The Catholic bishops of Aotearoa New Zealand will ensure vaccinated and unvaccinated people can safely attend Mass when the Government’s “traffic light” Covid-19 system starts.
Each parish will be asked to provide Mass for people with the “My Vaccine Pass” required for unrestricted gatherings under the Orange and Green traffic light settings. They will also be asked to provide the opportunity for people to attend a separate numbers-restricted Mass without providing proof of vaccination.
All lay people who help with Mass and all other public-facing ministries will need to be vaccinated for vaccinated-only work. Priests are being asked to be vaccinated, and will be limited in their ministry if they are not.
The Government says the "traffic light" system will start soon after 29 November. The vaccine passes required for unrestricted entry to many places are available for downloading now.
Under guidelines made public so far, the system will allow unrestricted numbers of vaccinated people to gather in a church under the Orange and Green settings, but restrict numbers without a vaccine pass to 50 (Orange) or 100 (Green). Under the Red setting, 100 can attend Mass with a vaccine pass, and 10 at a Mass without a pass.
The six bishops have written a pastoral letter to the country’s 470,000-strong Catholic community saying they have been struggling with how best to conduct safe church gatherings without either vaccinated or unvaccinated people feeling alienated.
“We believe that churches should be safe places for all people, physically, emotionally and spiritually,” the letter says. “In the spirit of the Gospel, we also want our churches to be places of hospitality and inclusion, open and welcoming to all without prejudice or discrimination.”
The bishops have set these guidelines for the ”traffic light” system :
• Parishes will provide Masses for people with a My Vaccine Pass while ensuring there is the opportunity for people without a pass to access a separate numbers-restricted option where possible.
• All lay people involved in public-facing public ministries related to a worship service or other parish work will need to be fully vaccinated at vaccination-only Masses and when performing other work where vaccination is required. Such people include ushers, readers, ministers of the Eucharist, collectors, those leading liturgies of the Word, and undertaking Communion to the sick and home visitation.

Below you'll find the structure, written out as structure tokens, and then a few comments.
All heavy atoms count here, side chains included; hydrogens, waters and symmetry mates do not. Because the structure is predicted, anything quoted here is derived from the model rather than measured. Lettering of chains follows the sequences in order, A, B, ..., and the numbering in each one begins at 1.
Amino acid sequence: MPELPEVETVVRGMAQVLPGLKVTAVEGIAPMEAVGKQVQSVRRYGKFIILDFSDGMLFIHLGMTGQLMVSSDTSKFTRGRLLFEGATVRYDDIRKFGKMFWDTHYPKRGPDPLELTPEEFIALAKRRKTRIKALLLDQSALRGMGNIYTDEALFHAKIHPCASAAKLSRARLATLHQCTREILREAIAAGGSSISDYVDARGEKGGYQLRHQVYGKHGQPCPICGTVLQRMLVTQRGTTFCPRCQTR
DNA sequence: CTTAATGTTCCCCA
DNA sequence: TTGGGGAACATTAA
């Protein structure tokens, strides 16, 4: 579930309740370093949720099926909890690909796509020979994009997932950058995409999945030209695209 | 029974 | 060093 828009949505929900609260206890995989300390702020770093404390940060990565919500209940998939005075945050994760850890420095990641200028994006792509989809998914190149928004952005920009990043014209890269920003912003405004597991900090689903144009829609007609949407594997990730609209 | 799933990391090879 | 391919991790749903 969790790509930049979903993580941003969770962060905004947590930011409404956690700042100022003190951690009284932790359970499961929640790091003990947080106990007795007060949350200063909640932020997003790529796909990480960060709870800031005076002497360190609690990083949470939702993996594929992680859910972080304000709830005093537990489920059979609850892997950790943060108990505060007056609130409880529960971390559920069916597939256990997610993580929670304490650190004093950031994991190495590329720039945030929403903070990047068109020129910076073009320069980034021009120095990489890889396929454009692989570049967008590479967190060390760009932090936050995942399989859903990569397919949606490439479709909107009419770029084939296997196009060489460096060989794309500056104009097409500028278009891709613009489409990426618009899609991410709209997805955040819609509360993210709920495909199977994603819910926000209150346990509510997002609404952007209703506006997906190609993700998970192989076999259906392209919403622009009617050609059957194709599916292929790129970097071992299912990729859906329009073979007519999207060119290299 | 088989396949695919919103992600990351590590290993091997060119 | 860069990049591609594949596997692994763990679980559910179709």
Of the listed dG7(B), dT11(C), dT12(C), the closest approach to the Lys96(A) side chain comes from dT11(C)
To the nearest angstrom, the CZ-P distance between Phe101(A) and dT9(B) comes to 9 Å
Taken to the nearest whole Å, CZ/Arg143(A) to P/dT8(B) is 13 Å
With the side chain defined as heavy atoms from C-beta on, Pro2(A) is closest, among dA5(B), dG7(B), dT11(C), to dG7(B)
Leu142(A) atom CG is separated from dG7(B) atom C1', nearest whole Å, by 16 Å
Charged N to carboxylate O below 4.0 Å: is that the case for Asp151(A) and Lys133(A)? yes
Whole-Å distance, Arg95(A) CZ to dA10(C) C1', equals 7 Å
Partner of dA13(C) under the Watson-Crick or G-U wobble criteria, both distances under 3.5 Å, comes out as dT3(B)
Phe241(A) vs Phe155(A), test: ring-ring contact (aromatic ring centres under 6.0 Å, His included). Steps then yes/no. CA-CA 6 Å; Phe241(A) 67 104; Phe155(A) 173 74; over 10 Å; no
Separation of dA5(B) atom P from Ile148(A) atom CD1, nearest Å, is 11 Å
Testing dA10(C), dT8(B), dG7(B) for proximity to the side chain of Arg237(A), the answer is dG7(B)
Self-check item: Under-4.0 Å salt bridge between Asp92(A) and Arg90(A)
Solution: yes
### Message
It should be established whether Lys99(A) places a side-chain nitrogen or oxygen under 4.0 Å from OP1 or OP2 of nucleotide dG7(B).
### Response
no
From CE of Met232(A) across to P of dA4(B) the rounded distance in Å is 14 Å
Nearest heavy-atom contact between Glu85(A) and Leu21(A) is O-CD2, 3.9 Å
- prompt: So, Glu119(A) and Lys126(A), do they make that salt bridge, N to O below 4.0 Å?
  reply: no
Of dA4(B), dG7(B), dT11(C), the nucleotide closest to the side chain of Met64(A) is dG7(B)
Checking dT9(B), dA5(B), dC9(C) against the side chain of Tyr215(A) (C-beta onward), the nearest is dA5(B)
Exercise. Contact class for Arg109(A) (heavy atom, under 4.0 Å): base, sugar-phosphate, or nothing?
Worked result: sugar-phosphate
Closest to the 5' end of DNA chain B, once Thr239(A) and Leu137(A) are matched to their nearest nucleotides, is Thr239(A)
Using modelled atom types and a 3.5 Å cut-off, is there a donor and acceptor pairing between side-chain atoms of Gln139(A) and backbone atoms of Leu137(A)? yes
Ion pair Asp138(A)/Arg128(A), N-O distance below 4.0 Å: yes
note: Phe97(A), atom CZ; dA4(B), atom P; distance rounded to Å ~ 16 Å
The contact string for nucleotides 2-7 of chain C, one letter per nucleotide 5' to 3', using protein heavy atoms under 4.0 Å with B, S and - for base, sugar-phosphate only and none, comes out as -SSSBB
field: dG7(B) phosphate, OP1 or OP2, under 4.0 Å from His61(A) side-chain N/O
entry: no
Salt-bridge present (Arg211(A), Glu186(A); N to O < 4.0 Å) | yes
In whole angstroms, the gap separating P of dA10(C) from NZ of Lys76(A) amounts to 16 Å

The six bishops are fully vaccinated. They have been encouraging all priests to be fully vaccinated, but accept they cannot legally require that.
“Priests who are not fully vaccinated will, under the current public health orders, be significantly constrained in their ministry; they will be unable to exercise pastoral care in aged-care residential settings or hospitals as well as schools. Priests who are not fully vaccinated or who do not wish to declare their vaccination status will not be able to attend and preside at vaccinated-only Church events,” the letter says.
The bishops say society should never uncritically accept the imposition by our political leaders of the kind of restrictions applied during the pandemic.
“However, having regard to the current situation, we believe that, on balance, the introduction of vaccine mandates for certain sectors, as well as the use of vaccine certificates, are warranted for now.
“At the same time, remaining always mindful of state overreach, and anticipating that restrictions we may consider to be warranted now may not be warranted in the future, we urge that the mandates and requirements for vaccine certificates be continually reviewed. In other words, our support of these measures is contingent on, and only justified by, the emergency situation as it exists now.”
Attachments: The Pastoral Letter
The Pastoral Letter comes in an extended and condensed version.
Download the Extended Pastoral Letter here in PDF format.
Download the Condensed Pastoral Letter here in PDF format.